In the last week, I’ve talked with Jordan Kawchuk (Producer of the Radio 3 video podcast, R3TV) and Grant Lawrence (Champion of Canadian music and web radio/satellite radio/podcasting host) before they spoke at panels about ‘web 2.0’, ‘music 2.0’, and ‘the youtube era for musicians’. Jordan spoke to a group at the Western Canadian Music Awards and Grant was moderating a great panel at CMJ in New York – thousands of miles away, but both organizers wanted a lot of the same advice for artists.
This makes me think that there’s a lot of musicians who are still daunted by the prospect of all the tools available to them on the web, who aren’t sure what kind of content they’re supposed to create with them, and who don’t understand why they’re so vital to their future success.
Whether you’re signed to a major label, signed to an indie label, or making music in your basement, you need to do more than make music and put it on MySpace (and New Music Canada, of course 🙂 ).
Here are the basics. I’ll have more detailed thoughts on creating relevance and credibility online in the coming weeks. But the price of entry is this:
You need to blog. You need to use Twitter. You need to use Flickr. You need to use Youtube – and not just for posting your music videos. You need to participate in communities and comment on other people’s blogs.
Why? You need to build a community, communicate directly to them without a filter, and empower them to help make your music and your other creative projects reach more people.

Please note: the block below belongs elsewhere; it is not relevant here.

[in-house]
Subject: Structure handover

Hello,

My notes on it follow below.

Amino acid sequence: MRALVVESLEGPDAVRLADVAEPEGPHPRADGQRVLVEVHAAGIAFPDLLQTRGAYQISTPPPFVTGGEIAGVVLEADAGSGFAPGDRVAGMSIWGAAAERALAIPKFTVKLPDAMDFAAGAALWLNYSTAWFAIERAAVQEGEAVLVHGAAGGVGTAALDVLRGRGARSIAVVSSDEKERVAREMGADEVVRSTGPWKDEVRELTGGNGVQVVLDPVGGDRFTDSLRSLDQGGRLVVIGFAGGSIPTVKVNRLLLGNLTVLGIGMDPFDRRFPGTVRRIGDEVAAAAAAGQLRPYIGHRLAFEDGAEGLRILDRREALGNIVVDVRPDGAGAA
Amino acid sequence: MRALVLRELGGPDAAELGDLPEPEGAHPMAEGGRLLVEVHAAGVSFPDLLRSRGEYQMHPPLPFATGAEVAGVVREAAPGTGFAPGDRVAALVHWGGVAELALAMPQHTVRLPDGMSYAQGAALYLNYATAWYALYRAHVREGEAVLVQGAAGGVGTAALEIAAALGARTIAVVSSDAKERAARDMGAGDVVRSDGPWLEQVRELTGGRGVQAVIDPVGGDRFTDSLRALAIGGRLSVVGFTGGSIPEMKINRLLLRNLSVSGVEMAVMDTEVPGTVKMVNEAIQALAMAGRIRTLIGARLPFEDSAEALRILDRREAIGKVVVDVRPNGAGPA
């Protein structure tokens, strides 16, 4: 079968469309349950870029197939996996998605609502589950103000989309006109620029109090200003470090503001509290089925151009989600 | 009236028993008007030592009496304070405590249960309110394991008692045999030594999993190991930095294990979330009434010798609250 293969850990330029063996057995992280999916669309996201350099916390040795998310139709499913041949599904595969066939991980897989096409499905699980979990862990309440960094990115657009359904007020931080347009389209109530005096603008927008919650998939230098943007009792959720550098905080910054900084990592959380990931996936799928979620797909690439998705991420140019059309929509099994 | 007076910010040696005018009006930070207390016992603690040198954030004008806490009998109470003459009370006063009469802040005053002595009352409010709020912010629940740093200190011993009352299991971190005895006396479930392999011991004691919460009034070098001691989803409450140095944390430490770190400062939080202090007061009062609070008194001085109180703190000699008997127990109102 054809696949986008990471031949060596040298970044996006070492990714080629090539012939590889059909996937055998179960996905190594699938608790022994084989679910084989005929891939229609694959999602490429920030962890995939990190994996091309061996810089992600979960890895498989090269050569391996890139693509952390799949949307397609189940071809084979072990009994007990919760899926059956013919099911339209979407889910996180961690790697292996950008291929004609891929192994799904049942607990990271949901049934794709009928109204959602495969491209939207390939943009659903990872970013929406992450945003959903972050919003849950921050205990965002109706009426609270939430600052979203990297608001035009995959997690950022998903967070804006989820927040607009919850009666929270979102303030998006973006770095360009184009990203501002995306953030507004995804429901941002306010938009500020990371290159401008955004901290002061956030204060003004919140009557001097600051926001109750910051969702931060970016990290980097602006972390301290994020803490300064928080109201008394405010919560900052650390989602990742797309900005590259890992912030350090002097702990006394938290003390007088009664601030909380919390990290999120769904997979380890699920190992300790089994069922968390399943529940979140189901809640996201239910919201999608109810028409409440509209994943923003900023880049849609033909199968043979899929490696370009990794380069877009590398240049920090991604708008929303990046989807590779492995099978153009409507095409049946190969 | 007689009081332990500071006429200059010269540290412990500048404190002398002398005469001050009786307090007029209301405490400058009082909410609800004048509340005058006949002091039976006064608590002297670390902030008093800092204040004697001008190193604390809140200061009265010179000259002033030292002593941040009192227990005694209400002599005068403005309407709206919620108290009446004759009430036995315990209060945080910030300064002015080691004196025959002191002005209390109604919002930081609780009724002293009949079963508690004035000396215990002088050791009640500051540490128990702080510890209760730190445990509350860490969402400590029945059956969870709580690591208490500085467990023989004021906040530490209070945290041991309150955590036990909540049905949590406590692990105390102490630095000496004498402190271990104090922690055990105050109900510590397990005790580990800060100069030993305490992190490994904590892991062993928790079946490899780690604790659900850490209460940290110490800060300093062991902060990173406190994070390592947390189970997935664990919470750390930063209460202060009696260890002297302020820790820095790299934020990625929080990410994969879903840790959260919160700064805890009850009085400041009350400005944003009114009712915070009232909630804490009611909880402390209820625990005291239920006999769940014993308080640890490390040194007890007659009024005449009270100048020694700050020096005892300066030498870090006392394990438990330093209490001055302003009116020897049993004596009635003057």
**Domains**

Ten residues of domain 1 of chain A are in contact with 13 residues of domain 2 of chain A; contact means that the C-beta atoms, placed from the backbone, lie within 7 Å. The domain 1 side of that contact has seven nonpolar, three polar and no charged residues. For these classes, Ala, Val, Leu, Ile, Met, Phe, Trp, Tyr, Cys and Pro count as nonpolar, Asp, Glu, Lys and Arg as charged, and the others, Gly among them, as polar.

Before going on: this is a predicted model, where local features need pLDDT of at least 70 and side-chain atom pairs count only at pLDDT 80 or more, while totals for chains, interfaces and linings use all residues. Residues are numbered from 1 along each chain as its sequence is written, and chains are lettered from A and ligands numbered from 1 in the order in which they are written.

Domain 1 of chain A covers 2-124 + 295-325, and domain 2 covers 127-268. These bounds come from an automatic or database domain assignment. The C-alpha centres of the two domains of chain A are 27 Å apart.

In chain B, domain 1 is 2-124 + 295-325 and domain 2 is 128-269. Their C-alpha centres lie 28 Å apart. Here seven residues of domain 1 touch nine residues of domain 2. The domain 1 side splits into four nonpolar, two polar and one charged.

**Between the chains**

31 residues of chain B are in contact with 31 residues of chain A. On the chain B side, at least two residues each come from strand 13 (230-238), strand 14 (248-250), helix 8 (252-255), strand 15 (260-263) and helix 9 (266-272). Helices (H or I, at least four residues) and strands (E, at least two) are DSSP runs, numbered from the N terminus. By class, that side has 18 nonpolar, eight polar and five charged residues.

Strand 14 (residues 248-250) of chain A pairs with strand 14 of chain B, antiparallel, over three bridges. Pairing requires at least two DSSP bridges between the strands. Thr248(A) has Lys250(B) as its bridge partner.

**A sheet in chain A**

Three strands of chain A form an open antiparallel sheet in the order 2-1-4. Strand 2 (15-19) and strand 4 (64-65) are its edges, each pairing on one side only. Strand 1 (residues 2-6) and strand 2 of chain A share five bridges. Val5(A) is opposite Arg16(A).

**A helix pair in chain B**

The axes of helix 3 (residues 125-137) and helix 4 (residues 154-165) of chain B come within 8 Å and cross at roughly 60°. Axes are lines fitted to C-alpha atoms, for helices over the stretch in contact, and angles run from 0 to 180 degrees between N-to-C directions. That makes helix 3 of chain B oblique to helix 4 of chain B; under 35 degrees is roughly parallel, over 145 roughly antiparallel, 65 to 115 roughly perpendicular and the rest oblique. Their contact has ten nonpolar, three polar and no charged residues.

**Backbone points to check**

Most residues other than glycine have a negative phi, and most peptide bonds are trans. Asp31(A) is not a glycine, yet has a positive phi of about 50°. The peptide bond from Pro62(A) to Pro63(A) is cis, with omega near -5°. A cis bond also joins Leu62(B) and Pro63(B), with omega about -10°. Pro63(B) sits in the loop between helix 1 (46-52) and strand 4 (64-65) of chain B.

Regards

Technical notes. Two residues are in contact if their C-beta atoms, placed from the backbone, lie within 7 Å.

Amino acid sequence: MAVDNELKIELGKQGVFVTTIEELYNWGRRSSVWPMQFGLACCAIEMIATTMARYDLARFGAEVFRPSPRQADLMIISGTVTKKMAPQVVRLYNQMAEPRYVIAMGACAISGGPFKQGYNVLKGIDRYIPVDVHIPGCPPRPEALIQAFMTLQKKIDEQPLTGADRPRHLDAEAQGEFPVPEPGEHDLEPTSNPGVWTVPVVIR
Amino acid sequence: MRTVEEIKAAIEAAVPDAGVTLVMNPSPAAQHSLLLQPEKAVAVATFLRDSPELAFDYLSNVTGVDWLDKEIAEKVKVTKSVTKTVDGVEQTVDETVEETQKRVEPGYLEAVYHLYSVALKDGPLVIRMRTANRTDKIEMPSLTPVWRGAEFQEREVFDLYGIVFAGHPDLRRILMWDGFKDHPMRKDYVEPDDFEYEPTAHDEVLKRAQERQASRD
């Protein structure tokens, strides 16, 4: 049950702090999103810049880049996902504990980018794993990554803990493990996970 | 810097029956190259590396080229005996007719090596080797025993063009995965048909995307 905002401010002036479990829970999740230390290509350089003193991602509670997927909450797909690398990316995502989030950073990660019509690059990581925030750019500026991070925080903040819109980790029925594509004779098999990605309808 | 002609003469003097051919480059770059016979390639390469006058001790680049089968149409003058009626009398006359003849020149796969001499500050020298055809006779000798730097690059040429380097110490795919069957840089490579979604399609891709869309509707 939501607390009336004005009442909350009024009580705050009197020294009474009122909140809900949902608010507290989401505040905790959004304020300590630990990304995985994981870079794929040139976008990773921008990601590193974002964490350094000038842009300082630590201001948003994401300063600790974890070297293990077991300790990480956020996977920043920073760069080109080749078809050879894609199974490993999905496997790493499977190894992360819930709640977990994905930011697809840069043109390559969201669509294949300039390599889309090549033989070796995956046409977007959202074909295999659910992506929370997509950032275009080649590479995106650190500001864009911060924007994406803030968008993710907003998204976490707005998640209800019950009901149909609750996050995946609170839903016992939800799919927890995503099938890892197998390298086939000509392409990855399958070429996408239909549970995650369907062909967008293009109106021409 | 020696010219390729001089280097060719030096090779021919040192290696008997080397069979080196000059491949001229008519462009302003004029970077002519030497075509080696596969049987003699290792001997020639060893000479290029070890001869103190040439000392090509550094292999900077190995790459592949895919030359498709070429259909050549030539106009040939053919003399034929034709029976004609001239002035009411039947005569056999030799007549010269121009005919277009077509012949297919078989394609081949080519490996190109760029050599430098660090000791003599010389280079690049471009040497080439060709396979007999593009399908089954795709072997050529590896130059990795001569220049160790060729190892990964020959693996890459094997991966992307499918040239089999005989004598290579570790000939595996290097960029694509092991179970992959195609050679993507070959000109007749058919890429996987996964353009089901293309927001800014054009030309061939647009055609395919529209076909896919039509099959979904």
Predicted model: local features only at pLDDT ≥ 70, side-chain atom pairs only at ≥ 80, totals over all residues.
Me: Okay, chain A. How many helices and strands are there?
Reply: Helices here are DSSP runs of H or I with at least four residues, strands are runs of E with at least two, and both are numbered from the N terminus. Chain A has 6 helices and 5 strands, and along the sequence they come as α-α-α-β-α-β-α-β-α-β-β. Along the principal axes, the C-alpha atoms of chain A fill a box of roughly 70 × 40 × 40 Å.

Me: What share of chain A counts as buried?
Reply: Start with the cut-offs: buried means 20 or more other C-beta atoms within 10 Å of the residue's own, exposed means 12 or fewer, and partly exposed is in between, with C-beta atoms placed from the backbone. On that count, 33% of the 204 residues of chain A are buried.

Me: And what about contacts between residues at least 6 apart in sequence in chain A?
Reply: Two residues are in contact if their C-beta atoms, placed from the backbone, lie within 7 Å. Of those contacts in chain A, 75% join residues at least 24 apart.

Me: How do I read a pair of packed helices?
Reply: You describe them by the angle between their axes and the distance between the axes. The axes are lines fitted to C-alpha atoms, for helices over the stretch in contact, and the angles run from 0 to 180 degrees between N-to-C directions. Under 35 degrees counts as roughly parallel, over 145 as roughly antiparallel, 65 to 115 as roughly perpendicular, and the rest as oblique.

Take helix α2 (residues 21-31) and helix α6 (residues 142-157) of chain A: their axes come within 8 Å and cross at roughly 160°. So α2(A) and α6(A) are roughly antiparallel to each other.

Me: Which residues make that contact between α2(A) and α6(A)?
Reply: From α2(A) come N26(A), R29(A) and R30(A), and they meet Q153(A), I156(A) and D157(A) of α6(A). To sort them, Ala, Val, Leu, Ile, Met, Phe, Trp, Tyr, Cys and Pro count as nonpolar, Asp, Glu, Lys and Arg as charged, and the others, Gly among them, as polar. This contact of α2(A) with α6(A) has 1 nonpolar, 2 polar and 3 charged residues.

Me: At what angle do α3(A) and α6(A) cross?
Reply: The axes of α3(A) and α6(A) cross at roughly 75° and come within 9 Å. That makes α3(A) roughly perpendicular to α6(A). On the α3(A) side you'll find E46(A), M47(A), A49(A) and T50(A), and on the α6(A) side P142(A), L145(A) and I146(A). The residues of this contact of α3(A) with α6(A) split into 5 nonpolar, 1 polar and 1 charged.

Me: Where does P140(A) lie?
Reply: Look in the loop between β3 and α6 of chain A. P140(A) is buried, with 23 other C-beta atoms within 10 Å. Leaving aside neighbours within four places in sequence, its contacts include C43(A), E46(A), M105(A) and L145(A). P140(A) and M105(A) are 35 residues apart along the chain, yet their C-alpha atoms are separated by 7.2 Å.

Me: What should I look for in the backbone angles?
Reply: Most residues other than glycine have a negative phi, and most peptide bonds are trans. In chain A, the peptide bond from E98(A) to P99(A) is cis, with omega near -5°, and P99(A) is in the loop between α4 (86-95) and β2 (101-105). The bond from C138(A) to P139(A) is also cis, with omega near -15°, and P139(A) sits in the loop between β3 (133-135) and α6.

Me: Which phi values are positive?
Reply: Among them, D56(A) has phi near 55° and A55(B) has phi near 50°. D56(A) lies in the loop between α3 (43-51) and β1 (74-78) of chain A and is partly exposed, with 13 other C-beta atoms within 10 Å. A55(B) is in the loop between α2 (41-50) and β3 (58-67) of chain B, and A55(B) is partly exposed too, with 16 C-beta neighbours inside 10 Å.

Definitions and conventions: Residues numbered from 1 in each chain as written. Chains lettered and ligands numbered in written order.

If you’re a music artist looking to get more people to hear your music, looking to tour more to places outside of your hometown, province / state, or want to sell more of your music, ask yourself the following questions:
- Do you have a blog?
- If so, are you posting daily? Or at least weekly?
- Are you on Twitter? (Do you know what Twitter is?) Are your tweets creating value – ie: should I as a potential new listener care about what you’re tweeting?
- Have you put anything other than a music video up on YouTube?
- Have you put up any photos on Flickr?
- Do you visit and comment regularly on the blogs of music fans (especially those who write about your genre of music – or even better, YOUR music?)
- Are you using Facebook, MySpace, Upcoming, New Music Canada, etc to post your gigs, album releases, etc?
If the answer to one or more of these questions is ‘no,’ you’re missing a chance to connect with and grow your audience and community. What are you waiting for?